DOJ suspends asset forfeiture profit-sharing with local police, cites budget cuts
The Department of Justice has announced a moratorium on splitting gains made from its civil asset forfeiture program with local law enforcement. Budget cuts of $1.2 billion made keeping the practice “impossible,” the DOJ said, upsetting police groups.
While federal agencies such as the Federal Bureau of Investigation, Drug Enforcement Administration, the Bureau of Alcohol, Tobacco, Firearms and Explosives, and the US Marshals will continue using the legal tool, the “equitable sharing payments” will not return until “a later date should the budget picture improve," according to the DOJ.
Civil asset forfeiture is the taking of property by authorities who suspect it has been used in a crime, and it is often a profitable routine. When large sums of cash aren’t being directly collected as alleged drug money, other items like cars or houses can eventually be liquidated to fund police pet projects.
The International Association of Chiefs of Police was not pleased with the decision.
"We want to make clear that neither the IACP, nor any of our law enforcement partners, were consulted regarding this announcement. The position of the IACP is this decision is detrimental to state, local, and tribal law enforcement agencies and the communities they serve," the group e-mailed its members in response to the DOJ suspending the sharing program.
The Asset Forfeiture Program Funds were first slashed by the Bipartisan Budget Act of 2015 last month, cutting $746 million. The next decrease came in the omnibus $1 trillion spending bill known as the Consolidated Appropriations Act of 2016, which cut another $438 million.
"We explored every conceivable option that would have enabled us to preserve some form of meaningful equitable sharing while continuing to operate the Program and meet our other fiscal obligations,” the DOJ wrote. "Unfortunately, the combined effect of the two reductions totaling $1.2 billion made that impossible."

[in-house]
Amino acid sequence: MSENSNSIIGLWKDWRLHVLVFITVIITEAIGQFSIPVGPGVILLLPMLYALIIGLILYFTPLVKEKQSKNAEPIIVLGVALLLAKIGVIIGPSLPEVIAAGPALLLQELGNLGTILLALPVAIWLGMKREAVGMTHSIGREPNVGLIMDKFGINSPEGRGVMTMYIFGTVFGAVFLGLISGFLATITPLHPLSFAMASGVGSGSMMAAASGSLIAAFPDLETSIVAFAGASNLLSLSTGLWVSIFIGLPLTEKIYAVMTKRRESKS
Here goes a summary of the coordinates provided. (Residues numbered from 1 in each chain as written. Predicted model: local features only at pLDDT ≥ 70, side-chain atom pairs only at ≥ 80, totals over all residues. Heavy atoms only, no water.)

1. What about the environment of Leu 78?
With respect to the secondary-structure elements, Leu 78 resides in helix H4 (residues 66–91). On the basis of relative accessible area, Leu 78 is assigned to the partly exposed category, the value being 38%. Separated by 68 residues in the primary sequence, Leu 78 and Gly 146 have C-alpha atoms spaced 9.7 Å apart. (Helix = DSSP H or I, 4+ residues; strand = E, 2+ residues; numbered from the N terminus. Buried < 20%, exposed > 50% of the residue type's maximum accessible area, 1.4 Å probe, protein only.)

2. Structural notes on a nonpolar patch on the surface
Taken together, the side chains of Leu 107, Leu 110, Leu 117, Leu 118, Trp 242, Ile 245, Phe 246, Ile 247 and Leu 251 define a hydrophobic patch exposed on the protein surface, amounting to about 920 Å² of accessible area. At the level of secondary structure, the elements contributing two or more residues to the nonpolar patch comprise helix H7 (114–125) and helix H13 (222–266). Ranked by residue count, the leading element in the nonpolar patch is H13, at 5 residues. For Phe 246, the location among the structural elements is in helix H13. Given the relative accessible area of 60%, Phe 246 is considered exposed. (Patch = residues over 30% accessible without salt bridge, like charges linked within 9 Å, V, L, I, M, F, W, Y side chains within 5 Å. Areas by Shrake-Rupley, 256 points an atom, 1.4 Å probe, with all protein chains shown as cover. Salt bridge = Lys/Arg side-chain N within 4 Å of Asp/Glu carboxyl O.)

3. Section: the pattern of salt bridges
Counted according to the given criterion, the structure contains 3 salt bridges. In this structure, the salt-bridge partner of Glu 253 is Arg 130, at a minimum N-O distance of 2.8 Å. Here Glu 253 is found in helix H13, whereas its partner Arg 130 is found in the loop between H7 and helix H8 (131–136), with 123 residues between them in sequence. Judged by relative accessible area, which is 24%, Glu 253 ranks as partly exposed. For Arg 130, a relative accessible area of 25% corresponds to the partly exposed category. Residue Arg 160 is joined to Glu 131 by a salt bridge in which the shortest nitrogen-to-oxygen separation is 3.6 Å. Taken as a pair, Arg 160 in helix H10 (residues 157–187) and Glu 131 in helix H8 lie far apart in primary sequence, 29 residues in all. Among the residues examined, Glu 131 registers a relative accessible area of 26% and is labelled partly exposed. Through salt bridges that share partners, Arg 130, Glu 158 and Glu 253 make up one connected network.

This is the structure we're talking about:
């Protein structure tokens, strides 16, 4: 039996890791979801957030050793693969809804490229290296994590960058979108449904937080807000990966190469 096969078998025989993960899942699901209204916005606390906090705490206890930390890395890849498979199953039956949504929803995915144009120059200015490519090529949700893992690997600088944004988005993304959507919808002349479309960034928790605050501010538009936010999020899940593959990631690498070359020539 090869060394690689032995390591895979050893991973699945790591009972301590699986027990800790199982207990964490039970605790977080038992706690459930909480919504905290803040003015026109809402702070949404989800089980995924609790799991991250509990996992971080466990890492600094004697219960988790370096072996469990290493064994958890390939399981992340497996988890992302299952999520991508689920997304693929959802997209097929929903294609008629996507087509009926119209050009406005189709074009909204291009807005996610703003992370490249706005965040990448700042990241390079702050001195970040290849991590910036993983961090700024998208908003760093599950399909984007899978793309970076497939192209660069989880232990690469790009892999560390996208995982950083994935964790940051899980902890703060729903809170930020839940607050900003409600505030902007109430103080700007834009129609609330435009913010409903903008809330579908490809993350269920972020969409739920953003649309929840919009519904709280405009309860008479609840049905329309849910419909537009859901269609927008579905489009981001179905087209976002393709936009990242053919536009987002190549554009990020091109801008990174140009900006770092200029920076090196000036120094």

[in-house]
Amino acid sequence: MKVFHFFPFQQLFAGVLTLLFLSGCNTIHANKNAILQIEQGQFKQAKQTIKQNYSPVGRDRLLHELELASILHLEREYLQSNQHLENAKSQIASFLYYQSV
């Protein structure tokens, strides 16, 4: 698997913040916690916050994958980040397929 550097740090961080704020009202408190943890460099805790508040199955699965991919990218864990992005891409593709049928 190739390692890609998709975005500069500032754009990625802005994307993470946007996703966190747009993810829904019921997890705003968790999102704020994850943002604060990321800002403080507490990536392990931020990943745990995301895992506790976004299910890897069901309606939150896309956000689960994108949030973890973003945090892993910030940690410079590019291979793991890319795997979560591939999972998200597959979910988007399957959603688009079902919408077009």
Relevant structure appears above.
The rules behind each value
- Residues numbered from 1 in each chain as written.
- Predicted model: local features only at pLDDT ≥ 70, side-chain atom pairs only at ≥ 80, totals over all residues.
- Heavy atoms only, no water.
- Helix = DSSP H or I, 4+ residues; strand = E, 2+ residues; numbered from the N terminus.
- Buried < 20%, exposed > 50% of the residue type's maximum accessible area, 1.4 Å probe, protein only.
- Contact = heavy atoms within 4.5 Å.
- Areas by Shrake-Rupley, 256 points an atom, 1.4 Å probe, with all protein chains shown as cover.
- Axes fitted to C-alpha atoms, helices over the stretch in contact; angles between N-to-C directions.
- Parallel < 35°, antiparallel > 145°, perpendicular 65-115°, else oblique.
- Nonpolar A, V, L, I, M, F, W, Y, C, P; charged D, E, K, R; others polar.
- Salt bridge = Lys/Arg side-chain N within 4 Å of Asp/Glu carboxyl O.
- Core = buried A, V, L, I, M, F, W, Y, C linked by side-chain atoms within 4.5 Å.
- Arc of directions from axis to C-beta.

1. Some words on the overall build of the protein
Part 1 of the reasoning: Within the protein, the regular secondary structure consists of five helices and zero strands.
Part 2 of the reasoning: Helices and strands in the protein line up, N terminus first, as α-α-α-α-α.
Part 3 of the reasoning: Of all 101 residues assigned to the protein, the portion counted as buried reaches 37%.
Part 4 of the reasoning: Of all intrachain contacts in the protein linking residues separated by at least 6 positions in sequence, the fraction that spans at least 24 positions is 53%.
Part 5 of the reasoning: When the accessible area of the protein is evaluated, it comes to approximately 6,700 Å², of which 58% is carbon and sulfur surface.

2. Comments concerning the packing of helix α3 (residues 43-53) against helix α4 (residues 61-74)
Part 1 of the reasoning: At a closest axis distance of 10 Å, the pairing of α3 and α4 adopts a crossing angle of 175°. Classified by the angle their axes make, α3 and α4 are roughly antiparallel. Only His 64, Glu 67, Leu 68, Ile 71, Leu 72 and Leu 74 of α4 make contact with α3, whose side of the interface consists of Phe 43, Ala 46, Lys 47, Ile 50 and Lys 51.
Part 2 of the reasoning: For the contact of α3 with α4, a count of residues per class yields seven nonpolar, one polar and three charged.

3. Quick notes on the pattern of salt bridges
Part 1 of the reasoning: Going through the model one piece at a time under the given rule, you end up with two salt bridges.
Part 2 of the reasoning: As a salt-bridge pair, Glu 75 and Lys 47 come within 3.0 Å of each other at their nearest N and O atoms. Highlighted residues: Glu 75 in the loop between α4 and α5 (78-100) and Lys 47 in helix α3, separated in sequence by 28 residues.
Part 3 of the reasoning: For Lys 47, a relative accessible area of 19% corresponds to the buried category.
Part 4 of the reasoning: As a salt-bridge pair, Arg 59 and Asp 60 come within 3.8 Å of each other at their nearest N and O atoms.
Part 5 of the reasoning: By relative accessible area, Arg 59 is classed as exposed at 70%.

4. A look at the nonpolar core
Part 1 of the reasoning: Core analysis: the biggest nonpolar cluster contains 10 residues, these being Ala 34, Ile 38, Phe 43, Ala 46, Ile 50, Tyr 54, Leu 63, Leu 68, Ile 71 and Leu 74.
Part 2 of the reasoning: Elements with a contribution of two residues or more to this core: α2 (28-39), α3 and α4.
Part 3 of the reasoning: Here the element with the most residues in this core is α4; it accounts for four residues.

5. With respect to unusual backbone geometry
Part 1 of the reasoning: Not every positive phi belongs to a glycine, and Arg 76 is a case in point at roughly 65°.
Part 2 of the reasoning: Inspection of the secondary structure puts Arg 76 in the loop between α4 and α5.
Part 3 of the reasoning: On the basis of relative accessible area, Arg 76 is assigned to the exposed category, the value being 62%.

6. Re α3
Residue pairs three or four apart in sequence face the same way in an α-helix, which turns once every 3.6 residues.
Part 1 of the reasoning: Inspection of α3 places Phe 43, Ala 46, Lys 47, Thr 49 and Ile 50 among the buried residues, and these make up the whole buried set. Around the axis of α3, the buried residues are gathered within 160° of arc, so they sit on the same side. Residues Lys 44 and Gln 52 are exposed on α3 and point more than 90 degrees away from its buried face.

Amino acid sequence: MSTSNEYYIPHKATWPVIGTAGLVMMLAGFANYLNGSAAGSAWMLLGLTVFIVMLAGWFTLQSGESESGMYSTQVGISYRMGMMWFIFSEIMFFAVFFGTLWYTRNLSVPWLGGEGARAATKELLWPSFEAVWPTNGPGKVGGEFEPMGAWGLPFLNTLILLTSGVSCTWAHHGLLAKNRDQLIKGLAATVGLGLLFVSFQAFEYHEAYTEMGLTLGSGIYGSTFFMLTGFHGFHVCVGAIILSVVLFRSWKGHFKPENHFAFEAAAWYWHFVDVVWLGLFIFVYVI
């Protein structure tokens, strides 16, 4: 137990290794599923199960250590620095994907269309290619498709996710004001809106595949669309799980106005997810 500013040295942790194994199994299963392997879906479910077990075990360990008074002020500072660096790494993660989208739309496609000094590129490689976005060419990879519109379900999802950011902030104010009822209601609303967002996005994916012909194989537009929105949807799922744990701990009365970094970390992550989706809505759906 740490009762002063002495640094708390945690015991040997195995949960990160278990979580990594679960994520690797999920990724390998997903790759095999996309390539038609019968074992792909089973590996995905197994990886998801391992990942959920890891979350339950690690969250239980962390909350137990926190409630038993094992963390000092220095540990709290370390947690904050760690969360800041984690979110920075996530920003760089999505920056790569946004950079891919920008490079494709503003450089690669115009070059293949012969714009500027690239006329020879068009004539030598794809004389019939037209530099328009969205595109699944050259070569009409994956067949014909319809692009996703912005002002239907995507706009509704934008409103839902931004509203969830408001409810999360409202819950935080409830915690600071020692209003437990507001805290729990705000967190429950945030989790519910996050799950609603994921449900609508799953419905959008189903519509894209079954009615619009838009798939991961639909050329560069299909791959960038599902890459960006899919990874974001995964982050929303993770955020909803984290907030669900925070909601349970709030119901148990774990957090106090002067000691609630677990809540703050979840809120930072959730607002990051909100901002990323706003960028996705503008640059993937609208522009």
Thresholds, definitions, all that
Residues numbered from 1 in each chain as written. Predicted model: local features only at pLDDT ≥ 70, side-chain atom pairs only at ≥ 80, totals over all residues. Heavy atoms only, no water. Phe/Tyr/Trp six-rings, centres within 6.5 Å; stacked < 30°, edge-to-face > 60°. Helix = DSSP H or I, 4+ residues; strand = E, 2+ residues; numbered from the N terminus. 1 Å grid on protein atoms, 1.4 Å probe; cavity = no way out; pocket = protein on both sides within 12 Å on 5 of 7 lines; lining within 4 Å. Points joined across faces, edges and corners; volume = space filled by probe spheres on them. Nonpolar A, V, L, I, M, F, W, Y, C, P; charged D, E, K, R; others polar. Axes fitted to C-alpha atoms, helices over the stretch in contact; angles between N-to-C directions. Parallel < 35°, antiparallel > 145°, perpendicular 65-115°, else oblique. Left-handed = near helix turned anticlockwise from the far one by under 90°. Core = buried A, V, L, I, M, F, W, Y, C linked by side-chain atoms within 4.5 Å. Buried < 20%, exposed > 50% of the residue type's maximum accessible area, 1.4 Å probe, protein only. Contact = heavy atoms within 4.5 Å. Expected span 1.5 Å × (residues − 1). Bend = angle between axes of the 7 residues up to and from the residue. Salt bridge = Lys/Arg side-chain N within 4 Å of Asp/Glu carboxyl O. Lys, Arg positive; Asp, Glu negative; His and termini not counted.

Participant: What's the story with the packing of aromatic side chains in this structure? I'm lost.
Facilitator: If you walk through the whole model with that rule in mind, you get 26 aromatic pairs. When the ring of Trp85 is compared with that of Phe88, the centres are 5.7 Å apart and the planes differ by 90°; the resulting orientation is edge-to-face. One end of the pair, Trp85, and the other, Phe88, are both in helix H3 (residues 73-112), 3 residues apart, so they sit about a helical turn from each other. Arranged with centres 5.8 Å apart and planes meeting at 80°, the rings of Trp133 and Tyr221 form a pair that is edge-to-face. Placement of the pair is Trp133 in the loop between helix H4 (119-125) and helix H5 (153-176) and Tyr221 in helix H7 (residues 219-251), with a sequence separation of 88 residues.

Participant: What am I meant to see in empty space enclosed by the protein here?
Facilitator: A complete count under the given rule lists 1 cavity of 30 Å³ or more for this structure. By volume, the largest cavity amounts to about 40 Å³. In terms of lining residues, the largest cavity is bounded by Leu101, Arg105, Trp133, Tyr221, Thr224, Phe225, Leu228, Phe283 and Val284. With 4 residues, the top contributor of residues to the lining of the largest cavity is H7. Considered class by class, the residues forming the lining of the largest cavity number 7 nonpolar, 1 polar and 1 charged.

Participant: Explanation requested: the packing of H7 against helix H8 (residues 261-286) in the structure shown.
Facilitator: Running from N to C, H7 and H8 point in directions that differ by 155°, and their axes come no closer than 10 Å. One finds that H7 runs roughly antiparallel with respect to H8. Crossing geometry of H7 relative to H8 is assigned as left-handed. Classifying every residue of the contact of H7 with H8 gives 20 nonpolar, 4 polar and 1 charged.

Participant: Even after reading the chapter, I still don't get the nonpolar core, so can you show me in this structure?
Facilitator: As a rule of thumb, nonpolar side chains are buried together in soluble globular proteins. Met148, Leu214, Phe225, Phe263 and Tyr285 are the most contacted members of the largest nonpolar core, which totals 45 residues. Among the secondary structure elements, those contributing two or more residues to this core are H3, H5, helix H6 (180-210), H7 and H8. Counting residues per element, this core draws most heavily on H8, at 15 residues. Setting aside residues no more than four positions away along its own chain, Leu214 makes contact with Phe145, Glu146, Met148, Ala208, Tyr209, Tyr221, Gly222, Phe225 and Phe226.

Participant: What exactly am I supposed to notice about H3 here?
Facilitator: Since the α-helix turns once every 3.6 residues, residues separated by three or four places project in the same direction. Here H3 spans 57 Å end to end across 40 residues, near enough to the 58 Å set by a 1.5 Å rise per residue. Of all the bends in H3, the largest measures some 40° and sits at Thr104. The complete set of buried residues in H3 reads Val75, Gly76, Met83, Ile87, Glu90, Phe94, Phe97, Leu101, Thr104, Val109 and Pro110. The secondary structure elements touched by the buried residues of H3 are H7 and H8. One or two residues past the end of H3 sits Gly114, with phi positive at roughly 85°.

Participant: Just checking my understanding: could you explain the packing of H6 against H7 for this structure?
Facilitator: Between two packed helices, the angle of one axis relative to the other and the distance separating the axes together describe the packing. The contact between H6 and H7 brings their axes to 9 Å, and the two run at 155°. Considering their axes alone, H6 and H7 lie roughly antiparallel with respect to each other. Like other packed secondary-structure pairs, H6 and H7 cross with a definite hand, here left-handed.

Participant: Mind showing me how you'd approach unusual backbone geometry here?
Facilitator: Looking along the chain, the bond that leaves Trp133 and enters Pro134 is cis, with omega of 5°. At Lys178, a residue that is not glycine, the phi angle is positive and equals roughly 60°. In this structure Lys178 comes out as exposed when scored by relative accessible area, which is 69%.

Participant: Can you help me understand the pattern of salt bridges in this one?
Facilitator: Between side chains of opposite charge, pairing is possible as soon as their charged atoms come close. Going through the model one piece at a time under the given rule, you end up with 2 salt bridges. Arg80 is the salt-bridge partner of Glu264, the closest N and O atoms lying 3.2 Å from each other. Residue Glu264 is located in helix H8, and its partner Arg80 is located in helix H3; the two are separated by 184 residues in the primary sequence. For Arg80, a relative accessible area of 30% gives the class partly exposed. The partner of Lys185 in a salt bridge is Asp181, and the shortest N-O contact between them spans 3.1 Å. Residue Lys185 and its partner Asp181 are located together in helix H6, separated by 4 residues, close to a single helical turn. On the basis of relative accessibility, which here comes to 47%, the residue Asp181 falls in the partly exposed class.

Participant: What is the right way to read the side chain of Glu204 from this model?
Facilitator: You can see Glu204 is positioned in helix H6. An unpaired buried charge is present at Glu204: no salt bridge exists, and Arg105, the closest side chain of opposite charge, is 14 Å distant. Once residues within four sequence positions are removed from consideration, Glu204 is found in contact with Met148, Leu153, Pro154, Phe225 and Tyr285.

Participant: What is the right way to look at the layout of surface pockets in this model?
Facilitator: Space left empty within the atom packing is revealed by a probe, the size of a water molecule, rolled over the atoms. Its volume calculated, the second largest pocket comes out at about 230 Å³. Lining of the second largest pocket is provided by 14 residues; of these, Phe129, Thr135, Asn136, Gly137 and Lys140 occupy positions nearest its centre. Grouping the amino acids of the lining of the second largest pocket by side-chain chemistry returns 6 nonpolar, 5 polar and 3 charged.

St. Louis, Missouri Police Chief Sam Dotson told the St. Louis Post-Dispatch that his officers would continue to assist the feds despite missing out on the monetary reward.
"I've never had a task force in place as a revenue generator, the criminal aspect is important," Dotson said. "Now we are disincentivized, but we will still go out and do our jobs, but now the federal government will keep 100 percent of the money."
Without providing an exact figure, Dotson told the Post-Dispatch his agency reaped hundreds of thousands dollars every year on the program, spending the proceeds on new vehicles, Tasers, and moving to a new headquarters. He also said losing that income could slow hiring of new officers, arguing the DOJ “just penalized us.”
As the issue of police brutality and accountability has garnered more attention in recent years, so has what critics call “policing for profit.” Last year, HBO’s Last Week Tonight with John Oliver pushed civil asset forfeiture into the mainstream, highlighting how another Missouri police department made use of the federally distributed money.
The DOJ’s announcement was “bad news” to Chief Special Deputy Dennis Wayne of Bradford County Sheriff’s Office, whose Facebook post included friends commenting, "Unfortunately, this is the type of behavior expected from an Administration that HATES OUR BRAVE POLICE OFFICERS.” Another comment read, "The war against law enforcement is unbelievable."
The National Sheriffs' Association issued a statement saying it was “shocked and disappointed.”
“The protective capabilities of our nation are being downgraded at every level in never ending attacks on law enforcement,” the statement said. “From this rescission to the early release of thousands of federal inmates to the restrictions on surplus military equipment available to state and local law enforcement, the safety and security of our communities is being put at risk."